The Indian government’s new e-commerce guidelines, a gamble aimed at curtailing the sales clout of multinationals like Amazon and the Wal-Mart-owned Flipkart while trying to mollify its 25 million vexed brick-and-mortar merchants in an election year, have received little traction from the latter.
The regulations, issued on Dec. 26, are a disappointing retreat from the ruling Bhartiya Janata Party’s stated aims of modernizing the country’s consumer marketplace. They potentially mean higher prices for millions of shoppers who are fast becoming adroit at on-line purchasing.
The BJP, however, fears the wrath of traditional merchants and their voting power in elections expected in April and May this year who have been hit hard by Prime Minister Narendra Modi’s precipitous 2016 demonetization and his 2017 goods and service tax. The party already took an unexpected hit in December 2018 elections in Madhya Pradesh, Chhattisgarh and Rajasthan, three key BJP-governed states in the Hindi heartland. It lost Mizoram in northeast India to a regional party and failed to make an impact in Telangana, which was separated from Andhra Pradesh in 2014.
How much the new restrictions mean in Modi’s mantra of modernizing India into a business-friendly economy is unsure if discouraging. They are emblematic of the country’s two-steps-forward, one-step-back attitude when it comes to seeking international investment. The international online vendors say the tightened restrictions will hamper FDI inflows and cut heavily into online retail growth, potentially a US$100 billion market by 2022 and deprive them of a level playing field. By contrast, China, which has taken to Internet shopping with a vengeance with government approval, saw Alibaba’s Nov. 11 Singles Day shopping spree rack up $30.8 billion in sales in a single day, more than twice the US’s Black Friday and Cyber Monday sales combined.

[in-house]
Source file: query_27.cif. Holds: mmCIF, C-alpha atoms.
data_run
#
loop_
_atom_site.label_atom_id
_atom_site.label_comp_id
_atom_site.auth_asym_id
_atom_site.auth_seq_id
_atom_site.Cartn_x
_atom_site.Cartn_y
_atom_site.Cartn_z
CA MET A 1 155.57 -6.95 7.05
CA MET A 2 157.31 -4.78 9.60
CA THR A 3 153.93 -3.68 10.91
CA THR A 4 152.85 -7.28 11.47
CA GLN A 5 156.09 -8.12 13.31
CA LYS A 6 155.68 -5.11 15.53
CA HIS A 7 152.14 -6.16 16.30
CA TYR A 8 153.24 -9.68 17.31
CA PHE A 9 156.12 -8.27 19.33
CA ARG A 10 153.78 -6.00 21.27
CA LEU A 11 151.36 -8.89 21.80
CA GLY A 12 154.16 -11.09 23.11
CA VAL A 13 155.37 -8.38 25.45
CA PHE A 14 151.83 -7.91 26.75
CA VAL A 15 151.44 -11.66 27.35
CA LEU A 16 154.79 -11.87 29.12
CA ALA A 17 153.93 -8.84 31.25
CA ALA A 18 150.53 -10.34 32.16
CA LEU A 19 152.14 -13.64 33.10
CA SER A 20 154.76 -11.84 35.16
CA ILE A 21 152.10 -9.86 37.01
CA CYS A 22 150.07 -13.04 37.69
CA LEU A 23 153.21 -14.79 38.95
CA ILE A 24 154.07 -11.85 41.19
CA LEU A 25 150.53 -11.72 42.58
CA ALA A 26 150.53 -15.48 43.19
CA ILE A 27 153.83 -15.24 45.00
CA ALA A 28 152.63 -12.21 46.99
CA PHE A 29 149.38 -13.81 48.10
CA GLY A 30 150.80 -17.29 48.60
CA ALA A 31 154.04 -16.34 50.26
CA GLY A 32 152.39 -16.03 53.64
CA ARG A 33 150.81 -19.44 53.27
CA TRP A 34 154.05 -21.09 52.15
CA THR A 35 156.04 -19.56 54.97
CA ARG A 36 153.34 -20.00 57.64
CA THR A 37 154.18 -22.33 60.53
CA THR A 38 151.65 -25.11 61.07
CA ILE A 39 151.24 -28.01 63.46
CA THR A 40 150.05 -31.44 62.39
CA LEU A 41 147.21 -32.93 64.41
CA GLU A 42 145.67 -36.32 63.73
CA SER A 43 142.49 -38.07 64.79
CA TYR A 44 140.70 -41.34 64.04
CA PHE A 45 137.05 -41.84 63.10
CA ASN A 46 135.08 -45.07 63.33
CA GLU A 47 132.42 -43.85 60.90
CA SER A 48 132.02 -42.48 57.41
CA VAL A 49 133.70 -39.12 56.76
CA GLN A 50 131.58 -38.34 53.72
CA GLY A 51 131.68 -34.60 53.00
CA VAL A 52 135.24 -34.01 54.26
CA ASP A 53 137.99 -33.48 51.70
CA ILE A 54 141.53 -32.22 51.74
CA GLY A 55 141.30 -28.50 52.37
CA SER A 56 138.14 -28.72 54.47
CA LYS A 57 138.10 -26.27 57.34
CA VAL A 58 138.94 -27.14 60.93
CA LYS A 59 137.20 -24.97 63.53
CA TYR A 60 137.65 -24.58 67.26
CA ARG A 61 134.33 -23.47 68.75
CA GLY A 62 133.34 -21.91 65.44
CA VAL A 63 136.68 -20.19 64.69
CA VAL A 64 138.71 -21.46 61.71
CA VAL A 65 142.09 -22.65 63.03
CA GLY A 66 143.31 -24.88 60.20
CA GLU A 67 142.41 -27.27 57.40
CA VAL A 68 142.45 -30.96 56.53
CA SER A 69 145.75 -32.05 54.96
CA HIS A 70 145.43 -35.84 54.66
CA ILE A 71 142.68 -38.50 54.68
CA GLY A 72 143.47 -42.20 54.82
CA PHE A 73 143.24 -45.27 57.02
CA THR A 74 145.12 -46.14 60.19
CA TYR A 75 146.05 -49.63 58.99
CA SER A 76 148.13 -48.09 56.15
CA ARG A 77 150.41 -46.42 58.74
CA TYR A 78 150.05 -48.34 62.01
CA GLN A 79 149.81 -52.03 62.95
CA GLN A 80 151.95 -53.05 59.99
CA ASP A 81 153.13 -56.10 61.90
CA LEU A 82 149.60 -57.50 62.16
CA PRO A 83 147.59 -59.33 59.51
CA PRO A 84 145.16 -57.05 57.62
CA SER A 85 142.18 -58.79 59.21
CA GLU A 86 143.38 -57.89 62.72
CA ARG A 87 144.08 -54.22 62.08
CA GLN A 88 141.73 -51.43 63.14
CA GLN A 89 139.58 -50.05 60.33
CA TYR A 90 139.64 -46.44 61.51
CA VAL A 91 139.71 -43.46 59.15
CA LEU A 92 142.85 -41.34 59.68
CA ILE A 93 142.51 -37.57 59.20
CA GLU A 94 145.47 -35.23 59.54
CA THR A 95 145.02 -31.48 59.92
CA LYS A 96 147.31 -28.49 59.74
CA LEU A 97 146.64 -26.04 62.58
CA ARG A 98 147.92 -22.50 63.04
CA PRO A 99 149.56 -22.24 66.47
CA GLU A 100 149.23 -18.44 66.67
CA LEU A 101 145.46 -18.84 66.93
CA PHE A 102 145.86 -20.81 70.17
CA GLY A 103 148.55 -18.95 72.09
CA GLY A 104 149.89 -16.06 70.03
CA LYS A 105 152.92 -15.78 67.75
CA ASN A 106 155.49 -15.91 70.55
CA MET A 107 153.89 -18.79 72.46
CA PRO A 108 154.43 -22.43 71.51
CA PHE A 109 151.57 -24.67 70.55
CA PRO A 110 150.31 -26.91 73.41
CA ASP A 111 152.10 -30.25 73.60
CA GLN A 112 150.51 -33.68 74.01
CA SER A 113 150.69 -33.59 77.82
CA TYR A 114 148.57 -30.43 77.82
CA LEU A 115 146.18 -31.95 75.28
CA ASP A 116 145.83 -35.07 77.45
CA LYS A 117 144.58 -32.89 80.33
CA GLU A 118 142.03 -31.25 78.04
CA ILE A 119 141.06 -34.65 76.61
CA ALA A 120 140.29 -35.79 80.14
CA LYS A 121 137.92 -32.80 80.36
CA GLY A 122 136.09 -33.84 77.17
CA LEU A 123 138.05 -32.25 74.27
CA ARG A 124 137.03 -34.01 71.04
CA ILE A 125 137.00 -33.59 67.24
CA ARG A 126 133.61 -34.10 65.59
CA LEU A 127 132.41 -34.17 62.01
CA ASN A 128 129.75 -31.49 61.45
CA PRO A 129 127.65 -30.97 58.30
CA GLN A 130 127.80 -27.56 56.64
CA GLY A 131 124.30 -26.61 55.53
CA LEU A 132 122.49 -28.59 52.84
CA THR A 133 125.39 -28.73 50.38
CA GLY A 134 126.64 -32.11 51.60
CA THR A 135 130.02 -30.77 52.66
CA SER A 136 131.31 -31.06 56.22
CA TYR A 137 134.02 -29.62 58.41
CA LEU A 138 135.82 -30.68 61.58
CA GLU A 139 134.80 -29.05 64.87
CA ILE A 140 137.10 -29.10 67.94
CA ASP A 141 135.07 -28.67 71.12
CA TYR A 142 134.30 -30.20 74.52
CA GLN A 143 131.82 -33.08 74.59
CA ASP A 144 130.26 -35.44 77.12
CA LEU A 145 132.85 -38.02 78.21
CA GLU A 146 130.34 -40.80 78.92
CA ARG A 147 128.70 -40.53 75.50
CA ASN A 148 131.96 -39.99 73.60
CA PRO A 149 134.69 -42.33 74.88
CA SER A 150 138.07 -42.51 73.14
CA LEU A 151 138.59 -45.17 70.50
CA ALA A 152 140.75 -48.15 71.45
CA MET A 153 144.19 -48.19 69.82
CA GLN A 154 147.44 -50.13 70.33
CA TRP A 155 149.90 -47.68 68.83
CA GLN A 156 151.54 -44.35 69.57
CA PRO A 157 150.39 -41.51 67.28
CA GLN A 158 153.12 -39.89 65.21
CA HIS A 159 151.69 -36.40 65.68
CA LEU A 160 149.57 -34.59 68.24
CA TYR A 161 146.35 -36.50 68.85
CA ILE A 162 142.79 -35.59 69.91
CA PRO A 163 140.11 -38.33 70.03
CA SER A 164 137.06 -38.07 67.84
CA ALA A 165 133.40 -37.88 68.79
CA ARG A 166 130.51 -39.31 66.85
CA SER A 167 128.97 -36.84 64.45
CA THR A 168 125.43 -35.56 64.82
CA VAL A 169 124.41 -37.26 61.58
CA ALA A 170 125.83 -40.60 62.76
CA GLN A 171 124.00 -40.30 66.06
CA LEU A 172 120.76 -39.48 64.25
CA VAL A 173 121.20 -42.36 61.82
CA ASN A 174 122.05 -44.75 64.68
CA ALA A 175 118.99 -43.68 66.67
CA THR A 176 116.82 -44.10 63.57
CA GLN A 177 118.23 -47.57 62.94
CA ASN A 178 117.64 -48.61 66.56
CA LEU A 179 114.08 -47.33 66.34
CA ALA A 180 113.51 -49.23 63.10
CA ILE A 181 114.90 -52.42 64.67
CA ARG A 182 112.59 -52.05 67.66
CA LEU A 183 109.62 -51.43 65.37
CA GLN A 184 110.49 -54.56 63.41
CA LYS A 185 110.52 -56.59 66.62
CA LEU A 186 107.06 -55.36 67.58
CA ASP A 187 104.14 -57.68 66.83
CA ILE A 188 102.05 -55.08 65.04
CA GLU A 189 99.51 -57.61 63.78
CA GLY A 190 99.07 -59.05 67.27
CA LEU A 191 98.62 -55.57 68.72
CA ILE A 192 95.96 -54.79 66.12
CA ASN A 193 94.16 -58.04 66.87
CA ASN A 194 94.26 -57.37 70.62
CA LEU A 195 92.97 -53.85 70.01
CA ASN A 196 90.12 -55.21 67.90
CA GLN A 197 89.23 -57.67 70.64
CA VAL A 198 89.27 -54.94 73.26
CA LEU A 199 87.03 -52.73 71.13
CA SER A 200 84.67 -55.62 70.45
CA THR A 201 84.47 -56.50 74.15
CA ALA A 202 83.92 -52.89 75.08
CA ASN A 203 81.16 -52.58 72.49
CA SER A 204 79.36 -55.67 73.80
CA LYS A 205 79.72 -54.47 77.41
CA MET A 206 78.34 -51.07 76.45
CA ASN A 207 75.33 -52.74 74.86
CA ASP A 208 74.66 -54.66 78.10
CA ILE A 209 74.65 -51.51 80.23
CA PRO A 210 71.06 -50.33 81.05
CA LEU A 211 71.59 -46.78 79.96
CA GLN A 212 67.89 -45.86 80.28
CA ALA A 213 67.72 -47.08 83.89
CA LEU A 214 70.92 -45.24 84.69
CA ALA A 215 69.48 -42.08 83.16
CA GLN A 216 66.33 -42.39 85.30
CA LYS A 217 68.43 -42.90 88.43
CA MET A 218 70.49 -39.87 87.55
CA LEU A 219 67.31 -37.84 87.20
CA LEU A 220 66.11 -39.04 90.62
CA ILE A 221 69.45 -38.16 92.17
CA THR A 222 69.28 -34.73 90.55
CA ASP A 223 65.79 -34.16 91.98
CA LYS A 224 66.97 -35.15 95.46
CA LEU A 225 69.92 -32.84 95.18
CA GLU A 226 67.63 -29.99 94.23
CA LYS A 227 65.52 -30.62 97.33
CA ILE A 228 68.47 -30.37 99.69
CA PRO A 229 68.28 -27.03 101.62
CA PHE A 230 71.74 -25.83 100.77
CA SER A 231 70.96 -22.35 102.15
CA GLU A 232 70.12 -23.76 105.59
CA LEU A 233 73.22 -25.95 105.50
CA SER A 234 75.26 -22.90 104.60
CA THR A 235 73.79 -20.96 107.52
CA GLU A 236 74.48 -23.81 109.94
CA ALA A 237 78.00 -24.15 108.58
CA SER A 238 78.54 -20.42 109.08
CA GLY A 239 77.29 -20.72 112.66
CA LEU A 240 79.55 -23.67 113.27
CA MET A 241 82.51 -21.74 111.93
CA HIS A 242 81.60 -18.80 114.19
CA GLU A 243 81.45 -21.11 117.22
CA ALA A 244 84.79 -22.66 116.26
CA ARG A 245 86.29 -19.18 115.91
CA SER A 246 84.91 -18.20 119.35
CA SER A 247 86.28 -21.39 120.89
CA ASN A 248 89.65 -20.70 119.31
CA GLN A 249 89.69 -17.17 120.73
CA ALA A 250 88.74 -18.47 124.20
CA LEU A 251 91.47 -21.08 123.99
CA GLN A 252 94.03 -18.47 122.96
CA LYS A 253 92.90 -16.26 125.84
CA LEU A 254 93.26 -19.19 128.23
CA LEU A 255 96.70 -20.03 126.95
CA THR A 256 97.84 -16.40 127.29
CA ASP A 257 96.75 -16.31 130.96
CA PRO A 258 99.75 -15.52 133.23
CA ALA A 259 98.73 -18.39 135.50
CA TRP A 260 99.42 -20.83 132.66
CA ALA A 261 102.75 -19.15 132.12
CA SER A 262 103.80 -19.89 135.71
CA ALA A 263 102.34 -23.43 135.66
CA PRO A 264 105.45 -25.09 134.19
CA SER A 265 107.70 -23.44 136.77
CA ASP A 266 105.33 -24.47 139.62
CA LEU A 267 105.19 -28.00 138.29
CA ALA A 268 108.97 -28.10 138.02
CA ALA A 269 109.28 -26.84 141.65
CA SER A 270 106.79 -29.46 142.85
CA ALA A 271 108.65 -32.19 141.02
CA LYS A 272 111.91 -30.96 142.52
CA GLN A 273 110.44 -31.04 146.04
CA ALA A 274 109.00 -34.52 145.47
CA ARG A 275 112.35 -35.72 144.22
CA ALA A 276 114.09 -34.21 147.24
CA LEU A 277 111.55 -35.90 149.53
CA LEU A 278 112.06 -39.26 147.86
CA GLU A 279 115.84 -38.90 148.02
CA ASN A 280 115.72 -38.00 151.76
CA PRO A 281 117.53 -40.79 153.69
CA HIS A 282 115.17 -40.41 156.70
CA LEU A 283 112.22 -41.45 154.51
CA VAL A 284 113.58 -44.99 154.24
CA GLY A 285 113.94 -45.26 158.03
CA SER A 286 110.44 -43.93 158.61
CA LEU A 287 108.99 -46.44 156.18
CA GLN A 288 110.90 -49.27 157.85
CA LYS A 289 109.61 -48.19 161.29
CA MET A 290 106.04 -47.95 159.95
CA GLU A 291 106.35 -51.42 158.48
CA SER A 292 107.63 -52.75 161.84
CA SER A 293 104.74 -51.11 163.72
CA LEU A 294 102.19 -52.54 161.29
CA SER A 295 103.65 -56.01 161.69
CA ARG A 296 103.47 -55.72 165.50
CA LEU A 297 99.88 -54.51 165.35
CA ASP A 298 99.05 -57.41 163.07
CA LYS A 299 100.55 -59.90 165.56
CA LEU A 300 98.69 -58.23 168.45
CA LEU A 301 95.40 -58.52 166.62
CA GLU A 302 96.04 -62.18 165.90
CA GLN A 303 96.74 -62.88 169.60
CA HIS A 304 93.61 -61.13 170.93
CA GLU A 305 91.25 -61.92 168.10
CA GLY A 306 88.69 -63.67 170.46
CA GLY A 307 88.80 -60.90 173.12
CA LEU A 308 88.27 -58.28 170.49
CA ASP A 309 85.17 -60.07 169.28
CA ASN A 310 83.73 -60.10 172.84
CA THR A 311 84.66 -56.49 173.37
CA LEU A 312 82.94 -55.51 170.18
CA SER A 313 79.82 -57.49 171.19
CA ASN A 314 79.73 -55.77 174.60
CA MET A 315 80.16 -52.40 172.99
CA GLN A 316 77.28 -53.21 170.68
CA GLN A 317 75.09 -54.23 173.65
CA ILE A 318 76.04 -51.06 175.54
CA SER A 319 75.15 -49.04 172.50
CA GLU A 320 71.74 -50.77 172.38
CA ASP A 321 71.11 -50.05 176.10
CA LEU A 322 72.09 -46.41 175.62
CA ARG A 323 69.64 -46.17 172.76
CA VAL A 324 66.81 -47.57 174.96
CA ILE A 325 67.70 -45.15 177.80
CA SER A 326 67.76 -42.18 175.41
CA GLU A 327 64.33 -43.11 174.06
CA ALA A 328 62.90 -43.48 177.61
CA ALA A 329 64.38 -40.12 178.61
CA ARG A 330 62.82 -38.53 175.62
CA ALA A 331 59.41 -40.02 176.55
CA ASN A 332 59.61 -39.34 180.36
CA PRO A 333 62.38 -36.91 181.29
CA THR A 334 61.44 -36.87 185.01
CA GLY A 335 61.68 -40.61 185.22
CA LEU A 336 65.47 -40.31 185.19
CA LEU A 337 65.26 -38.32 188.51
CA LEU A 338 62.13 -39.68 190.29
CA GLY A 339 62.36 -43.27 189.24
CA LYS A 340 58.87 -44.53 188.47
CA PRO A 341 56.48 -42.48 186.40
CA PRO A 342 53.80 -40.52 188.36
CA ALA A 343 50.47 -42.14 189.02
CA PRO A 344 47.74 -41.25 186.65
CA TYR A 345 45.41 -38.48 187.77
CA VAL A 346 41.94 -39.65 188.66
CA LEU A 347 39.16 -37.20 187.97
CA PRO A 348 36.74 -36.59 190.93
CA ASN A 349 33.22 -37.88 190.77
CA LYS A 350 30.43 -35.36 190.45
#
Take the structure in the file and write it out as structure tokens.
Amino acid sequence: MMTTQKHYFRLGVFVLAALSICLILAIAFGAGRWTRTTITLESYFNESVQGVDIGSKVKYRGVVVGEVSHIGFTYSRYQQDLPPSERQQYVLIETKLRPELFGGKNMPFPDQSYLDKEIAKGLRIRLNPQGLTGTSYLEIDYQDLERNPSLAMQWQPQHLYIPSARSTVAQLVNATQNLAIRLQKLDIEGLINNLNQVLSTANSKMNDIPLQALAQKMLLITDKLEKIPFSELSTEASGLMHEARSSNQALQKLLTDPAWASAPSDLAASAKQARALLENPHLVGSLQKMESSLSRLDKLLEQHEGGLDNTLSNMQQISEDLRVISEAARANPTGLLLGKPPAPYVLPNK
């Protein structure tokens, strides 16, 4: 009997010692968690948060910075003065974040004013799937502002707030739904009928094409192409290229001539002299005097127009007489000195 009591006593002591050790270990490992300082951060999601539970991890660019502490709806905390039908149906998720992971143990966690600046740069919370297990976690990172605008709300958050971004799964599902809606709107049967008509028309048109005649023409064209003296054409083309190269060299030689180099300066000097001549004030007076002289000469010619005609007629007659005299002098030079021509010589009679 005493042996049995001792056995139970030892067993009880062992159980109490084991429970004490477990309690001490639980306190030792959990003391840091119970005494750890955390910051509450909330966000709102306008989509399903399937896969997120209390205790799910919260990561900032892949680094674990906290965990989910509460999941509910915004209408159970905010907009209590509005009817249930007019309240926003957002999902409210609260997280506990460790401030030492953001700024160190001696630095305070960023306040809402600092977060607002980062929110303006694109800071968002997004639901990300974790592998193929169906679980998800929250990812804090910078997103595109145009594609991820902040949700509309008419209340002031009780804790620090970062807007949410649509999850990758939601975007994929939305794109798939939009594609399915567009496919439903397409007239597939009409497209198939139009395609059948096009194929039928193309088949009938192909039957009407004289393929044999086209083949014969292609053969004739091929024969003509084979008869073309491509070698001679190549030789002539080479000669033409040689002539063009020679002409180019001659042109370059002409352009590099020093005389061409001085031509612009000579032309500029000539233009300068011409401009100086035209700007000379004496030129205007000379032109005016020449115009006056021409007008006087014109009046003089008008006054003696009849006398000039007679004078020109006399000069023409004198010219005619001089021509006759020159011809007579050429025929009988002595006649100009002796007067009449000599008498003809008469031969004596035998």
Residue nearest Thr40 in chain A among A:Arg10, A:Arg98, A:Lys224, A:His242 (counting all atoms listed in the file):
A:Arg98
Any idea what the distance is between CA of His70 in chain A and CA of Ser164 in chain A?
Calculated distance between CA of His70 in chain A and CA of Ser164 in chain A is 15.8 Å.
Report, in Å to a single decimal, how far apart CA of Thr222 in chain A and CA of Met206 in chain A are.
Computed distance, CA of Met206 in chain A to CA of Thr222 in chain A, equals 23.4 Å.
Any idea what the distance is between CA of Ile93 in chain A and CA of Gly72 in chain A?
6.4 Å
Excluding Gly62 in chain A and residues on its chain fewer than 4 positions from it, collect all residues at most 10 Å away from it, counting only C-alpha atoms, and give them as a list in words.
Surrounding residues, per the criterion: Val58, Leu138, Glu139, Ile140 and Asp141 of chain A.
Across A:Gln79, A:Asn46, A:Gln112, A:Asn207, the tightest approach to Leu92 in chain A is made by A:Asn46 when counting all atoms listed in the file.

Specifically the new directives e-commerce firms from holding ownership positions in sellers on the platform, scupper their ability to offer discounts and prevent them from entering into exclusive deals of the kind that many have with popular mobile phone makers.
“An entity having equity participation by e-commerce marketplace entity or its group companies or having control on its inventory by e-commerce marketplace entity or its group companies, will not be permitted to sell its products on the platform run by such marketplace entity,” according to a government notice.
The companies will also have to file certificates and auditor reports to the Reserve Bank of India, confirming compliance of guidelines by Sept. 30 of every year for the preceding fiscal.
The new regulations follow complaints from Indian retailers and traders that the e-commerce giants are leveraging their control over inventory from their affiliates to distort the marketplace and sell products at unfairly low prices.
“Low prices offered by the American-controlled behemoths and policy loopholes helped major e-commerce companies to offer heavy discounts and seize market share for goods such as electronic items,” said a member of the All India Online Vendors Association.
In October, the association filed a petition with the anti-trust body Competition Commission of India alleging that Amazon favors merchants that it partly owns, such as Cloudtail and Appario. The lobby group filed a similar petition against Flipkart in May, alleging violation of competition rules through preferential treatment for select sellers.